Connecticut College Magazine · Fall 2006

Features:



Cover:
Bold Steps: The Inauguration of Leo I. Higdon, Jr.

Past Issues

Contact Us

Address Change

College Homepage

CC´s first Muslim chaplain hopes to create a comfortable environment where students can ´figure out who they are´

CC´s first Muslim chaplain hopes to create a comfortable environment where students can ´figure out who they are´
Chaundry and Husband Rumee Ahmed.

Julie Novak


Canadian-born Ayesha Siddiqua Chaudhry, Connecticut College´s first Muslim chaplain, never questioned her Islamic faith until she visited Damascus, Syria, as a college student studying abroad.

Until then, she covered her face with a veil, something she had done since high school after reading a conservative translation of the Koran. She often felt the need to defend her choice — a common but not universal custom for Muslim women — and explain why she did not believe it was oppressive.
In Damascus "I saw all these Muslims being Muslim in different ways," she said, realizing she did not need to be so strict in her observance. Now she wears only a head scarf. "It was not a way I had thought of Islam before — I realized that human beings are all individuals, and there is a difference between religion and culture. Our differences really are a strength, not a weakness," she said.

It is that compassion for difference that Chaudhry brings to the Connecticut College campus. She joins four other chaplains who are Jewish, Catholic, Protestant and Unitarian.

Chaudhry sees her role as part counselor, part mentor and part educator.
"My main goal is building community," she said. "I want students to feel comfortable in their living environment so they can ask questions and figure out who they are. In a residential setting like a college campus it´s easy for them to feel isolated and in the minority."

With the growth of international students on campus and the departure of former dean of religious and spiritual life Patrice Brodeur, who specialized in Islamic studies, the need for a Muslim chaplain has increased, said Claudia Highbaugh, dean of religious and spiritual life. There are 14 students at CC who have identified themselves as Muslim.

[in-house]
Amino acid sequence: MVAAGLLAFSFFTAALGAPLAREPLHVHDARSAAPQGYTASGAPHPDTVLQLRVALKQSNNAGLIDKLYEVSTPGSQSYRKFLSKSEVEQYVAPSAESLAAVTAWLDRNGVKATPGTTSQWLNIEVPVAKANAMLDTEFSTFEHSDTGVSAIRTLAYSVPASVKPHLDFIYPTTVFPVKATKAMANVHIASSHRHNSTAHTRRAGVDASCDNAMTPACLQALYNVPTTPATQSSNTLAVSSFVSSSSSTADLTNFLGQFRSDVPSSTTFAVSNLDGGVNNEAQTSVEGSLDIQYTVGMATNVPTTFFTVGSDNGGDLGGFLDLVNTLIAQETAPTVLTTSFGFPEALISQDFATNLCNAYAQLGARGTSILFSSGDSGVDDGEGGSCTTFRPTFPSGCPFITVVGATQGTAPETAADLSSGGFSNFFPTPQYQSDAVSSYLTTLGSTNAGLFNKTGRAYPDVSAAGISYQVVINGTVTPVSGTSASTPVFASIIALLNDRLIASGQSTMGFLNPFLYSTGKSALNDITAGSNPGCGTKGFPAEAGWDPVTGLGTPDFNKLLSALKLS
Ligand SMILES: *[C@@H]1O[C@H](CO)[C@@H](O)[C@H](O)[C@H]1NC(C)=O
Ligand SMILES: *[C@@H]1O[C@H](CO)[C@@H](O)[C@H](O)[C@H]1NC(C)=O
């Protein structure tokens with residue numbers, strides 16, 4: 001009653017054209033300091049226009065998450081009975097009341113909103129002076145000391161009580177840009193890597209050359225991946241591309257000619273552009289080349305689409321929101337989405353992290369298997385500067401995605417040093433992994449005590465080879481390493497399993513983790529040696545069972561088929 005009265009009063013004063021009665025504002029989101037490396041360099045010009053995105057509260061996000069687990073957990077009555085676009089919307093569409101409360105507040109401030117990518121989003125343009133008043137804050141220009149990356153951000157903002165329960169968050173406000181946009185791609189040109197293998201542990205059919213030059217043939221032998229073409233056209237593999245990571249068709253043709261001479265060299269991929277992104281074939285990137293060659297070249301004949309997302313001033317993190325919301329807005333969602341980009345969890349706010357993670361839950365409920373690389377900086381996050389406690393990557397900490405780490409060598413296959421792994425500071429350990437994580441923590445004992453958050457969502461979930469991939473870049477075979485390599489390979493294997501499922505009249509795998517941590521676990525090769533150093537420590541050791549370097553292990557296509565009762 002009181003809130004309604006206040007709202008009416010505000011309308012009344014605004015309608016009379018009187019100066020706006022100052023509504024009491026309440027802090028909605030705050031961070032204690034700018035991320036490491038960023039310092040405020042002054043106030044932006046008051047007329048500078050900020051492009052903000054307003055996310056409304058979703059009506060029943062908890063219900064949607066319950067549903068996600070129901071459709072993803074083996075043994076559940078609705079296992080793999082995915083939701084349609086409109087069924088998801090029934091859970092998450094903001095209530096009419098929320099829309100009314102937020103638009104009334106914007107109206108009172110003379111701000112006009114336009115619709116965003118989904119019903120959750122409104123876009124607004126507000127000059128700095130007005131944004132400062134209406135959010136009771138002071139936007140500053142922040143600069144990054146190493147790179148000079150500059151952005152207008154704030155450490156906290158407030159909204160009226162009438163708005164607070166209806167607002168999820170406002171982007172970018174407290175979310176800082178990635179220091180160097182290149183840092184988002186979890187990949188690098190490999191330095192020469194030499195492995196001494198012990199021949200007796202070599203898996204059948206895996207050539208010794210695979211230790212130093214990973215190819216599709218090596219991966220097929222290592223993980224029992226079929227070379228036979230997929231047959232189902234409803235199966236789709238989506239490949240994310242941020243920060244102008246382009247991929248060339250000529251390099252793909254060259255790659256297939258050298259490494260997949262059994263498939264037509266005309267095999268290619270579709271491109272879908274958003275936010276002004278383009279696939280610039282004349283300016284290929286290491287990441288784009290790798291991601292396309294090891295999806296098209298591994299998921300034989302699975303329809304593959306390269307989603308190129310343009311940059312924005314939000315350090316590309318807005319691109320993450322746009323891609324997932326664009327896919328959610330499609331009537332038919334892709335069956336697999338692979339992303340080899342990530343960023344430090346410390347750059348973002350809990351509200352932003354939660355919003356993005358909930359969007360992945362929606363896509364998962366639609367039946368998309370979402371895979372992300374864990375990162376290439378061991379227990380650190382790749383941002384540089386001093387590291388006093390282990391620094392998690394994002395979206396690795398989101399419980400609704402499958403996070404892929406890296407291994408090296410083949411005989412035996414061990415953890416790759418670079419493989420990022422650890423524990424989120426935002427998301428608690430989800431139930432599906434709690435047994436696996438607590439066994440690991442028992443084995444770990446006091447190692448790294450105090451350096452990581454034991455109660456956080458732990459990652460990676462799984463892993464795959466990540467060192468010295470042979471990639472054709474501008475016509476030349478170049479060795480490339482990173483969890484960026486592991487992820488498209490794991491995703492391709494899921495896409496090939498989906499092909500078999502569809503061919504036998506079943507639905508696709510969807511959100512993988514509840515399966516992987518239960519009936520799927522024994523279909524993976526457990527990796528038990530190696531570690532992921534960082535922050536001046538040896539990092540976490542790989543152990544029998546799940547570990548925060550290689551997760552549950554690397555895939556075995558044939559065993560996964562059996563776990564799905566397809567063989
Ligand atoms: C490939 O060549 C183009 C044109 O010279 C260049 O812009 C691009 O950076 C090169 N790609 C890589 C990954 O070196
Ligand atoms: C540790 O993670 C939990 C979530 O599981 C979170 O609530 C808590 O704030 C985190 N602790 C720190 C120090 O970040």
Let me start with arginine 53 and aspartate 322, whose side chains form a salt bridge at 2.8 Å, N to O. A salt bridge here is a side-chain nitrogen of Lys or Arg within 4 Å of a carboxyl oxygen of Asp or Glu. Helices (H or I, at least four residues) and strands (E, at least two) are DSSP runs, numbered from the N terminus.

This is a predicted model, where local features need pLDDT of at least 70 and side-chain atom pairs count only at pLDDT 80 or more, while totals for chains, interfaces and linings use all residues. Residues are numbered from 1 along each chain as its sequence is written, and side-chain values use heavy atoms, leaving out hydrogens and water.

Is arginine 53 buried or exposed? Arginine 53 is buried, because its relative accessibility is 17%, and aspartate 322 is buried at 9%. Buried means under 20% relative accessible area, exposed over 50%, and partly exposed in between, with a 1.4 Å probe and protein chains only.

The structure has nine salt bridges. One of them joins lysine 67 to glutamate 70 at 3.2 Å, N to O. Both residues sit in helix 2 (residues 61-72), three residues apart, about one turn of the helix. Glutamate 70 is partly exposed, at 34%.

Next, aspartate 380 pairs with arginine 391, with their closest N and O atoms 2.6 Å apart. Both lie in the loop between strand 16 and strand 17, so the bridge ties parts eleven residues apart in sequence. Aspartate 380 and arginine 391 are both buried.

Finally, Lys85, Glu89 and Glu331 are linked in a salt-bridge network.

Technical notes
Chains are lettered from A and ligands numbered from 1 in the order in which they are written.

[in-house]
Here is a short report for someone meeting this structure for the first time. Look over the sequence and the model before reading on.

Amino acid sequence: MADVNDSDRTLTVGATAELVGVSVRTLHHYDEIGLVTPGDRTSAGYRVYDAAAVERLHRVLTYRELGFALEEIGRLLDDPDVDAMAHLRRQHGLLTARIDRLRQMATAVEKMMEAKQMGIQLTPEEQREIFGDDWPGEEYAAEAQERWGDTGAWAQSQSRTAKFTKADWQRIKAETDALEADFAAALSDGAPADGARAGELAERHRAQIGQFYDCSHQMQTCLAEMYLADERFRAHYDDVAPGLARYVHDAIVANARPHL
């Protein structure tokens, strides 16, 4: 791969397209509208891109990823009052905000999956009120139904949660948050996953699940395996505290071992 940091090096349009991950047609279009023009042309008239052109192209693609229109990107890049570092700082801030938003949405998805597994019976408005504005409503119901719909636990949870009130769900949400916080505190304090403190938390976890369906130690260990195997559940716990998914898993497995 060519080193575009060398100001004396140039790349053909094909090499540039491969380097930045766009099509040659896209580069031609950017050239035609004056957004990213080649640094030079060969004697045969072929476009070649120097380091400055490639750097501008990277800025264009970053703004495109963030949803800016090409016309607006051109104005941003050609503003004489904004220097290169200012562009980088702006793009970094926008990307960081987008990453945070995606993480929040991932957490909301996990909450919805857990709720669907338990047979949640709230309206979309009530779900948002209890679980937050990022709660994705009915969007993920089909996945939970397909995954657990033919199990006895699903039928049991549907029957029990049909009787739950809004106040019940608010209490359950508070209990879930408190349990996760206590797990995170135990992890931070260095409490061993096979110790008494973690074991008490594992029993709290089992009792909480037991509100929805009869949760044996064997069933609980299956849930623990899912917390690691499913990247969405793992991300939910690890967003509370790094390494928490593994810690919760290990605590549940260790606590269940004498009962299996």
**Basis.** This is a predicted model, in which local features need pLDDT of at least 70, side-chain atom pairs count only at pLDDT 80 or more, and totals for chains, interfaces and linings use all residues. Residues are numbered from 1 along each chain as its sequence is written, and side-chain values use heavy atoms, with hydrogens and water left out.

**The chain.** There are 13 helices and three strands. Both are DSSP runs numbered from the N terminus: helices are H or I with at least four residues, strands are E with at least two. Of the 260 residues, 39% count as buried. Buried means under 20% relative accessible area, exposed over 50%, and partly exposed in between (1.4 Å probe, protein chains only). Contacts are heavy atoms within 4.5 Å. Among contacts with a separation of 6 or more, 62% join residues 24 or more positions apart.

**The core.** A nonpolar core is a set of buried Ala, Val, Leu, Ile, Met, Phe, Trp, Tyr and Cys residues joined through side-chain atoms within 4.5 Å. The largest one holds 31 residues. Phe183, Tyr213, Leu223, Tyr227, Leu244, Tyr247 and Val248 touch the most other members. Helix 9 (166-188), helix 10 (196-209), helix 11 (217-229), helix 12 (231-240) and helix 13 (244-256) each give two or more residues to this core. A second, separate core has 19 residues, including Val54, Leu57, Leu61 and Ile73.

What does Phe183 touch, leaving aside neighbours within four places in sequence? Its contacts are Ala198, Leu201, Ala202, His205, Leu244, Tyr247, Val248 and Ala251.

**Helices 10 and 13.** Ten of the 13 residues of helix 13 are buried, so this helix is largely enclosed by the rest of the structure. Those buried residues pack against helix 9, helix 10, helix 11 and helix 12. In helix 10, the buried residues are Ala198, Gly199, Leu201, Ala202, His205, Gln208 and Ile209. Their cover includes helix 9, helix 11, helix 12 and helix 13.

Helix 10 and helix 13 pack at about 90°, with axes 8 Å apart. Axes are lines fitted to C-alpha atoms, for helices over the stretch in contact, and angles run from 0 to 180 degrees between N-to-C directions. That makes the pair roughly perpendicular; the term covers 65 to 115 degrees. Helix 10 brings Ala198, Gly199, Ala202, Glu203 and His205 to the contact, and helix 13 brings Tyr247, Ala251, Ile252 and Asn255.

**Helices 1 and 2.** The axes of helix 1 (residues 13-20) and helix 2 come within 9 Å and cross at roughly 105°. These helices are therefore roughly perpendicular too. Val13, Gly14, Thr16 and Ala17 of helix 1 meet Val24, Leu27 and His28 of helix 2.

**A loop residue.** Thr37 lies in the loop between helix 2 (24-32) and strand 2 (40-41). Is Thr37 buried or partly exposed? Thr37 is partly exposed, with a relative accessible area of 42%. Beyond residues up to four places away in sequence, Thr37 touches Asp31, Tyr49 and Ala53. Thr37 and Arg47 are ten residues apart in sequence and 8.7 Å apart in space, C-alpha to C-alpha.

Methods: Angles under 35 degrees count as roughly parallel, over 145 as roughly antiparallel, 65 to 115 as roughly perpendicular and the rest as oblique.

"College and university campuses across the country used to be composed of Judeo-Christian Americans, but now we´re in a period of growth and change," Highbaugh said. Mirroring the national trend, she added, "We´re trying to increase the visible support for students across all religions represented on campus."

Chaudhry, who is working on her doctoral degree in Islamic studies from New York University, started her new position in September. Her husband, Rumee Ahmed, is the first Muslim chaplain at Brown University. He accompanies her to CC once a week, and the two work as a team on both campuses.

Chaudhry brings to campus an extensive background in the study of Islam. As an undergraduate she majored in political science and philosophy and minored in Arabic at the University of Toronto where she later earned a master´s degree in Middle East civilization and women´s studies.

Prior to starting the master´s program, Chaudhry spent three summers at the University of Damascus in Syria studying Arabic and traditional Islam. While abroad she studied to earn an ijaza — the Muslim word for permission — in Koran recitation. In order to receive the honor, students must be able to teach their subject of study to another person.

Chaudhry´s ijaza certificate hangs in the office she shares with her husband at Brown. It lists the name of her teacher, the teacher who taught him and so on the list of teachers, called the "chain of transmission," dates back more than 1,000 years.

In addition to her academic work and CC duties, Chaudhry is working in residence life at Brown. She also has served as an advisor to students at NYU as both a teaching and resident assistant.

A native of Toronto born to Pakistani parents, Chaudhry is excited to get to know CC students´ needs and expectations.

"College is such a great time for reflection and discovery. Students have faculty, books and so many resources available," she said. "I want to help them answer the tough questions about who they are and who they want to be."


Connecticut College Magazine

 
This page maintained by College Relations <ccmag@conncoll.edu>
General Feedback
Copyright © 2014